There's a good chance someone has told you to put lemon peels down your garbage disposal to freshen it up. Citrus peels can damage the disposal. Even though the chopped-up lemons might temporarily freshen your kitchen, they can make the blades dull. The citric acid can also cause the metal blades to corrode, and the peels can clog your garbage disposal. Instead, use a cleaner designed for garbage disposals, and always disconnect the power if you're wiping the blades or other garbage disposal components.

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5. If It Goes Down the Drain, There’s Nothing to Worry About

For the most part, if your toilets flush and the drains drain well, your plumbing should be working fine. However, sometimes clogs can build up inside the pipes even when water is still flowing. Some clogs start small and gradually build up as more gunk goes down the drains, which means the problem could be growing in the pipes without you realizing it. If you notice the water starts to take longer to drain or you notice other unusual things, having your drains cleaned could help you avoid a major clog or backup.

6. Pipes Only Freeze If the Heat Is Off

You might think the only way your pipes can freeze is if you lose power or your furnace stops working. However, some pipes can freeze even if your heat is working fine. Pipes that run through exterior walls without much insulation or in areas like basements and attics that aren't insulated can freeze, even if your furnace is still running. Freezing can often lead to a burst pipe, which can cause serious water damage. Monitor your pipes carefully in freezing weather. Leaving cabinet doors under sinks open and insulating pipes in uninsulated areas can minimize the risk of freezing.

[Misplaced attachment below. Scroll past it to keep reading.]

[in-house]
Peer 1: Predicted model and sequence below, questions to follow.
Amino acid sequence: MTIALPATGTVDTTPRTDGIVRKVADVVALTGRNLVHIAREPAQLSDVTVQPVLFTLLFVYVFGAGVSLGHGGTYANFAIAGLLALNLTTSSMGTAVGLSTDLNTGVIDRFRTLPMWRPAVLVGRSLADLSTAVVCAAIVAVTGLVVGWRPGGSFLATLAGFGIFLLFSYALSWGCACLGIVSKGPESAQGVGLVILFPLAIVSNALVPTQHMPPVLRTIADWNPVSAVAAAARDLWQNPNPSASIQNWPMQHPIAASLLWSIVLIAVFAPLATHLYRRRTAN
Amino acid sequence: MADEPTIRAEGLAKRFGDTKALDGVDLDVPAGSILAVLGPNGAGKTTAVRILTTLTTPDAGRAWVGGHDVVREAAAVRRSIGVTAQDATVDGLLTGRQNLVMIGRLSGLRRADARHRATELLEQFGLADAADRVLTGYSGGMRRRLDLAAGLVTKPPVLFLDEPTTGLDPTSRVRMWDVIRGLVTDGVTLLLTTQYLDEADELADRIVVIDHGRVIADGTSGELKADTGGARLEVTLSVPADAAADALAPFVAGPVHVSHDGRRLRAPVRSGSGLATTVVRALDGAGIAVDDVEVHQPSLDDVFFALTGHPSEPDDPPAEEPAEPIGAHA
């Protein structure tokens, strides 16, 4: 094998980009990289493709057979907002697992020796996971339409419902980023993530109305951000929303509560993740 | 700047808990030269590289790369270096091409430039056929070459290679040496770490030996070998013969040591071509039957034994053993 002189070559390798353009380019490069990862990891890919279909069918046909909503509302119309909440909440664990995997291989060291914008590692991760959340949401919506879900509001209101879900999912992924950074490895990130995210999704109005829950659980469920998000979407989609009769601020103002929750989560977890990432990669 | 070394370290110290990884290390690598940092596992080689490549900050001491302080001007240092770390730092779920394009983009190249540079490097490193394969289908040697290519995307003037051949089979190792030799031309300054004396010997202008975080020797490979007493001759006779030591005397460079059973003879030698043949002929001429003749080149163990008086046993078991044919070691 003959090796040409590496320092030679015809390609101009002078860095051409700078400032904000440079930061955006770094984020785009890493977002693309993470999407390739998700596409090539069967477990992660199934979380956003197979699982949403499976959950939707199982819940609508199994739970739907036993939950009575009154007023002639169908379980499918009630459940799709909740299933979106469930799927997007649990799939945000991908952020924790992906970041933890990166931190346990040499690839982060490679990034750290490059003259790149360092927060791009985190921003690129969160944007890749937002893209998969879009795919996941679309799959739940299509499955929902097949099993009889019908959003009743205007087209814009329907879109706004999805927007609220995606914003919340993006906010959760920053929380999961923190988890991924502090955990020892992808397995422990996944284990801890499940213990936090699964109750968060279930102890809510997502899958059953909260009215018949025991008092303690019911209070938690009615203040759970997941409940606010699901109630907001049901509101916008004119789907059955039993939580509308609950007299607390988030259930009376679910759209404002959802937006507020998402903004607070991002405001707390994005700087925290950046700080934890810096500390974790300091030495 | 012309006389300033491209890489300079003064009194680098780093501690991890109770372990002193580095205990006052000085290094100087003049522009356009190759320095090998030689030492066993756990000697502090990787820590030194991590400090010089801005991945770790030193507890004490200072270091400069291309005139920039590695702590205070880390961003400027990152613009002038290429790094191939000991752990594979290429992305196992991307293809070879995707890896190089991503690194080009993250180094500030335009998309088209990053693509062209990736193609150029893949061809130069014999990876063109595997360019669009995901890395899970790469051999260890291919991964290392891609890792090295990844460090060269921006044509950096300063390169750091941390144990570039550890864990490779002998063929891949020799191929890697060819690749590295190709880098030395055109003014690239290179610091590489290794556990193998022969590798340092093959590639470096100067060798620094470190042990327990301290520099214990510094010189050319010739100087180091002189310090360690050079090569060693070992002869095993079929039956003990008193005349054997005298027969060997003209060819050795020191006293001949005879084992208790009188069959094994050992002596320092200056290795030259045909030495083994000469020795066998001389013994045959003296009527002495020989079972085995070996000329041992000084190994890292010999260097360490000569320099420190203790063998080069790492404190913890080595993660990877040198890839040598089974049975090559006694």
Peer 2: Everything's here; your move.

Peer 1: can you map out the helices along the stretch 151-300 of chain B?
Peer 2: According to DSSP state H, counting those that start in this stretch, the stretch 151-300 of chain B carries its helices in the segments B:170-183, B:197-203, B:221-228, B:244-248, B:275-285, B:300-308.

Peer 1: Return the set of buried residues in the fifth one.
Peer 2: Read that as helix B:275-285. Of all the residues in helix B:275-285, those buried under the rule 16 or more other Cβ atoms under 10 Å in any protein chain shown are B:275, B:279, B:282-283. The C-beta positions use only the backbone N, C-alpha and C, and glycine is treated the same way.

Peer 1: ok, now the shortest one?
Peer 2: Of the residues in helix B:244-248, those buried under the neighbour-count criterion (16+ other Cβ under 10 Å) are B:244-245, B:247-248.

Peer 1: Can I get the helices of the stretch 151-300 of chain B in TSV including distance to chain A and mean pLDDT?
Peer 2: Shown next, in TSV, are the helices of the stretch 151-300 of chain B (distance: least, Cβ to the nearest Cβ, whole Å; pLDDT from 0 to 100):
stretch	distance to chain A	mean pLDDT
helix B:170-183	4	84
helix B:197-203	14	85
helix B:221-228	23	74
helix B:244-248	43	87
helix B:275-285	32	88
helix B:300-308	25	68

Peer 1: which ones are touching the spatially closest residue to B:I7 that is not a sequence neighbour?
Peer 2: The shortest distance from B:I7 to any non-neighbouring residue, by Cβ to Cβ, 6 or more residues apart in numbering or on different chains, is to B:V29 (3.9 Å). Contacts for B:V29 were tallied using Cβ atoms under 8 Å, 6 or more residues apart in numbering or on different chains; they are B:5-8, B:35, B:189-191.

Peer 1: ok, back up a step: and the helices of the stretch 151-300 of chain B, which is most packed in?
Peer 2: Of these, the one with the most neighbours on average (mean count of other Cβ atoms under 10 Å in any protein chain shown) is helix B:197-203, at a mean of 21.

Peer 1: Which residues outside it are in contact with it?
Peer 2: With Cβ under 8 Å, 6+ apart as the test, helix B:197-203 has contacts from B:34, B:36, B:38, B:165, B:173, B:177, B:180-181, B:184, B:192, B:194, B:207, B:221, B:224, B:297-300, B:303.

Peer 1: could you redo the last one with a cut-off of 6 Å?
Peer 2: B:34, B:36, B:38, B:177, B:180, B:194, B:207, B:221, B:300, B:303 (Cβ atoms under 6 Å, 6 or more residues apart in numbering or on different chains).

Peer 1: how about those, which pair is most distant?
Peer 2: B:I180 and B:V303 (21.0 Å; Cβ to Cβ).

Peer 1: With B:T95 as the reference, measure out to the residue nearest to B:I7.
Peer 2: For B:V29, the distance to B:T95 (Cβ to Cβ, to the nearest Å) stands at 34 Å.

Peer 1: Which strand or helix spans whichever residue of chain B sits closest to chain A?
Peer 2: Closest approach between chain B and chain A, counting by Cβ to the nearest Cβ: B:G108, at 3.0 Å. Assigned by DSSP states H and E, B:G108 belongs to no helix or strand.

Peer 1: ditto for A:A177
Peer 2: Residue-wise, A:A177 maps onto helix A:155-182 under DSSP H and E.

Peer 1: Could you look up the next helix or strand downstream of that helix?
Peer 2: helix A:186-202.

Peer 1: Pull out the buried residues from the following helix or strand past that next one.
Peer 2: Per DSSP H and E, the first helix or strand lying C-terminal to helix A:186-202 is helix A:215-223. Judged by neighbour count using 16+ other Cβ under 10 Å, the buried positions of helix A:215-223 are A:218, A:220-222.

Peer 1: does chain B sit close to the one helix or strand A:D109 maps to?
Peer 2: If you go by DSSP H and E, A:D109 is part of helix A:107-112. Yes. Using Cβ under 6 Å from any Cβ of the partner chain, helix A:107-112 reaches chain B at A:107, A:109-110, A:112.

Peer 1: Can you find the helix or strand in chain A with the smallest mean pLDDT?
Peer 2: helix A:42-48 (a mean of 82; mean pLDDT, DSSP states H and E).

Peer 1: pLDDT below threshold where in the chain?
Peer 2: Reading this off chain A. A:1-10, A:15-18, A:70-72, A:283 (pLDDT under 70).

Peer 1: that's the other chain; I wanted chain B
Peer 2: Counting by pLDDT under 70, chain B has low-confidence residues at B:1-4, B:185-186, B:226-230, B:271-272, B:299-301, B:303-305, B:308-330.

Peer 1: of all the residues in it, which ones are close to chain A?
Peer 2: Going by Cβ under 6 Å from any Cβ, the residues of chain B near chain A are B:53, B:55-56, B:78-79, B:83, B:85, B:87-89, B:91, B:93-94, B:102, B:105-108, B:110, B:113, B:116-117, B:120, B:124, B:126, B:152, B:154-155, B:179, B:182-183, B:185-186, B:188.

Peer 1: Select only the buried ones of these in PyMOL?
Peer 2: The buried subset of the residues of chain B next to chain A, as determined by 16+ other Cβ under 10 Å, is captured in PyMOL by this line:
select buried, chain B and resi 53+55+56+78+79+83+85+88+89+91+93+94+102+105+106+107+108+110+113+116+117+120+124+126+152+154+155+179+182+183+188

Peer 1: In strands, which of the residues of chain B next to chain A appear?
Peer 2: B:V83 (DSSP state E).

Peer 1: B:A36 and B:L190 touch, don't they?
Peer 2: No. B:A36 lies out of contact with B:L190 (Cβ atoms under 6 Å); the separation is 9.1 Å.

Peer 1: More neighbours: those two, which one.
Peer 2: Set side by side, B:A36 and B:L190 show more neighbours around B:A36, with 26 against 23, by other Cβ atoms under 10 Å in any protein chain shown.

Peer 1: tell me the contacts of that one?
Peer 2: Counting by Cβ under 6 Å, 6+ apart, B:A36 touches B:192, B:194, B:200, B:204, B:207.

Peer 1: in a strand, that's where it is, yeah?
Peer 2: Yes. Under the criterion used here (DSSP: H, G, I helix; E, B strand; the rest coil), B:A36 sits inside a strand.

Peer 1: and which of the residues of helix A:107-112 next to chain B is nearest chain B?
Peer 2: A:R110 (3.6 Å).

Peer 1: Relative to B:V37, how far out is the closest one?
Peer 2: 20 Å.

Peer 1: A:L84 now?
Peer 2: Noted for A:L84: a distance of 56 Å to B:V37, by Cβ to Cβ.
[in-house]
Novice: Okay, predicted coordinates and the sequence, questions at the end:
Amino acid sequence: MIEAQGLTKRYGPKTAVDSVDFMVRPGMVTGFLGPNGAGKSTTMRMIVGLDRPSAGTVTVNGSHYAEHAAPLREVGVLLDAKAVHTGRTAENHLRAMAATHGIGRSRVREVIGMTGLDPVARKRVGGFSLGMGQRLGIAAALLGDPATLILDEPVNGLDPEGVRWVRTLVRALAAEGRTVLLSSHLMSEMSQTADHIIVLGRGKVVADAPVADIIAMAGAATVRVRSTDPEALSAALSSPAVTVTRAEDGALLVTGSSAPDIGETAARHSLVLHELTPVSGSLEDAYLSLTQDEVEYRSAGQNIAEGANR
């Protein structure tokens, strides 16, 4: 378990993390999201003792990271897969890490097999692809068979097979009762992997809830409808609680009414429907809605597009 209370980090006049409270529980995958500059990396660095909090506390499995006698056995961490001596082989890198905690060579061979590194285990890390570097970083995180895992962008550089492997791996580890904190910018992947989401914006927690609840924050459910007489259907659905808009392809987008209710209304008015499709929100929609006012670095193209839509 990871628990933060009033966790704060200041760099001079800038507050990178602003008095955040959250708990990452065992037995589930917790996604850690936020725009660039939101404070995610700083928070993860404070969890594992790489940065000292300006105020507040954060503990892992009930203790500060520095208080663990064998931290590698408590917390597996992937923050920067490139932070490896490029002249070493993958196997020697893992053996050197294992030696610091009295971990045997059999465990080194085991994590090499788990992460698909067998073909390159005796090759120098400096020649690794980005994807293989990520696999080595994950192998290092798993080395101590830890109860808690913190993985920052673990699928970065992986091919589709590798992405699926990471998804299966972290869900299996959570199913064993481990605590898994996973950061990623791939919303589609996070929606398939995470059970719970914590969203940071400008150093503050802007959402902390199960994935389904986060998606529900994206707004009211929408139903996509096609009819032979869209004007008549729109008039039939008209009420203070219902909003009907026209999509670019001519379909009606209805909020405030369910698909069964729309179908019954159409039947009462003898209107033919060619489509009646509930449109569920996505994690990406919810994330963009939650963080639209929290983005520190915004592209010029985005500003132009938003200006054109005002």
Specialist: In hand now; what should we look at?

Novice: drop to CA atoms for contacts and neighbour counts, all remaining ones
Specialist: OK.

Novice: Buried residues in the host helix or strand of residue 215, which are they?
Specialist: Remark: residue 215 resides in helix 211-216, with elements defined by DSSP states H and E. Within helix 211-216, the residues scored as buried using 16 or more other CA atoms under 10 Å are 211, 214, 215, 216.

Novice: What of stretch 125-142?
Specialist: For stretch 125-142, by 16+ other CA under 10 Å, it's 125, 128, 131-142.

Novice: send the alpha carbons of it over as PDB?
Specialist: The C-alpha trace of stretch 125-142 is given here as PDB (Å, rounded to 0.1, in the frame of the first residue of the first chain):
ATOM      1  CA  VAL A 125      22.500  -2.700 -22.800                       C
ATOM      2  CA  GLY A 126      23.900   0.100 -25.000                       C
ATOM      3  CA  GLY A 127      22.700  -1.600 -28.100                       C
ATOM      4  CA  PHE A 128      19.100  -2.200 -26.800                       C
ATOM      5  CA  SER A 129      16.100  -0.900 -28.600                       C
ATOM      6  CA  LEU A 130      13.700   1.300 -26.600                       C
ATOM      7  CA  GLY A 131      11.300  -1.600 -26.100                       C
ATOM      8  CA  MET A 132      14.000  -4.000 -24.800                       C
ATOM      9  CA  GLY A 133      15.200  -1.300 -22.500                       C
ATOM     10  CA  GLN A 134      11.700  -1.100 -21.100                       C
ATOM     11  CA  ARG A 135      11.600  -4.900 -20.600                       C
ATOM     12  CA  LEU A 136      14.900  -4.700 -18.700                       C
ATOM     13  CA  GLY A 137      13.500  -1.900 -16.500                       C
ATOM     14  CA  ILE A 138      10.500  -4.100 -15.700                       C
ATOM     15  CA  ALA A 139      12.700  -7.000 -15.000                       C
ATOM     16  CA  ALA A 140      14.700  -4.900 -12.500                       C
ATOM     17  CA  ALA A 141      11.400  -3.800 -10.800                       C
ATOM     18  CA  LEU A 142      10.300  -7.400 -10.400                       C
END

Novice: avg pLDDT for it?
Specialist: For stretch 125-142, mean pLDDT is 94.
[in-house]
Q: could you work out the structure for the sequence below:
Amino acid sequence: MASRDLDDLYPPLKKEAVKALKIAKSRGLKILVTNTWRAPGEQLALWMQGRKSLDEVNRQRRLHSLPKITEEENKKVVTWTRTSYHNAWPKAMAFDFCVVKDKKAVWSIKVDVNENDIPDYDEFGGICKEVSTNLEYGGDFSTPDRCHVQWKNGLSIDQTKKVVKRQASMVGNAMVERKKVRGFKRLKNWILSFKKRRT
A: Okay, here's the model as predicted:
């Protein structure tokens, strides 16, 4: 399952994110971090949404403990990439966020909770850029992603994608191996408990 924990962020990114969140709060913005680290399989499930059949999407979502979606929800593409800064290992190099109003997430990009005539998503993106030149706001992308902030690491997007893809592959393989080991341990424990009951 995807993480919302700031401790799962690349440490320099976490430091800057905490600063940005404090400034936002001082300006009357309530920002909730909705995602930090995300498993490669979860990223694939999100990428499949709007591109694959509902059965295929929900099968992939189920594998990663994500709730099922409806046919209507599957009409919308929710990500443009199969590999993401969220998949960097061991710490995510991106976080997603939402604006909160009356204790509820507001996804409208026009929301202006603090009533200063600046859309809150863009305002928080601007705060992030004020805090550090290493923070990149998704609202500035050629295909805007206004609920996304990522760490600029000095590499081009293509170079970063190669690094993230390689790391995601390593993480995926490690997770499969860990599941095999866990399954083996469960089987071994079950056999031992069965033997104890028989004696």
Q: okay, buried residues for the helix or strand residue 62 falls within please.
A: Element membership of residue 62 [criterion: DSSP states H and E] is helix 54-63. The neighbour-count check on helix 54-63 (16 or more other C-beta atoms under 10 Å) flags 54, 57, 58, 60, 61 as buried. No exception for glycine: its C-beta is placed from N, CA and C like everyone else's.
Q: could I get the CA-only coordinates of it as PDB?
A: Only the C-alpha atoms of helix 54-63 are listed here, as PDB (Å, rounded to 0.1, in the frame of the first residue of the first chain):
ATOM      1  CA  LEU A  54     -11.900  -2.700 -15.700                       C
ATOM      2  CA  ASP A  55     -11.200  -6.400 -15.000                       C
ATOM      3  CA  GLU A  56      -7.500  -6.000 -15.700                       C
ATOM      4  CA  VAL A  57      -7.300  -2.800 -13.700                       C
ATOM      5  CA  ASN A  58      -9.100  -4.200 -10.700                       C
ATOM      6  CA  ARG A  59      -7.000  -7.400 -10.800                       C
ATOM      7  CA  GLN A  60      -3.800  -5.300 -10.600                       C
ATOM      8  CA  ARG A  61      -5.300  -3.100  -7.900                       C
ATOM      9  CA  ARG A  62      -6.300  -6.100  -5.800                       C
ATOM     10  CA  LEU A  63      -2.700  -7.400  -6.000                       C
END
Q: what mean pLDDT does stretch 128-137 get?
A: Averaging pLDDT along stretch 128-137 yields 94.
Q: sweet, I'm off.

7. Putting a Brick in the Toilet Tank Will Save Money

A brick in the toilet tank is supposed to save you money by using less water, but it can cause toilet issues. Your toilet tank needs a certain amount of water in it to flush the toilet properly. The brick can make the flushing worse by decreasing how much water the toilet has. The brick could break apart and cause issues inside your toilet.

8. Plumbing Is Easy to Fix Yourself

All homes eventually need plumbing repairs. It's tempting to tackle them yourself to save money, but many repairs are better left to professional plumbers. DIY repairs could lead to bigger problems that cost a lot more to fix. Before trying to fix a plumbing issue yourself, ensure you're fully equipped to make the repair.

9. Any Plumber Can Handle Your Issues

Some people believe that all plumbers are the same and can handle all plumbing issues. Most states require plumbers to be licensed, but they don't all have the same credentials or training. Not all plumbers are equally reliable or knowledgeable on plumbing issues, so it's important to check reviews and ratings to look for red flags.

If you have a very specific issue, it's a good idea to find a plumber with extensive experience in that issue. For example, if your tankless water heater isn't working properly, ensure you find a plumber who has worked on a lot of tankless water heaters and not just traditional tank types.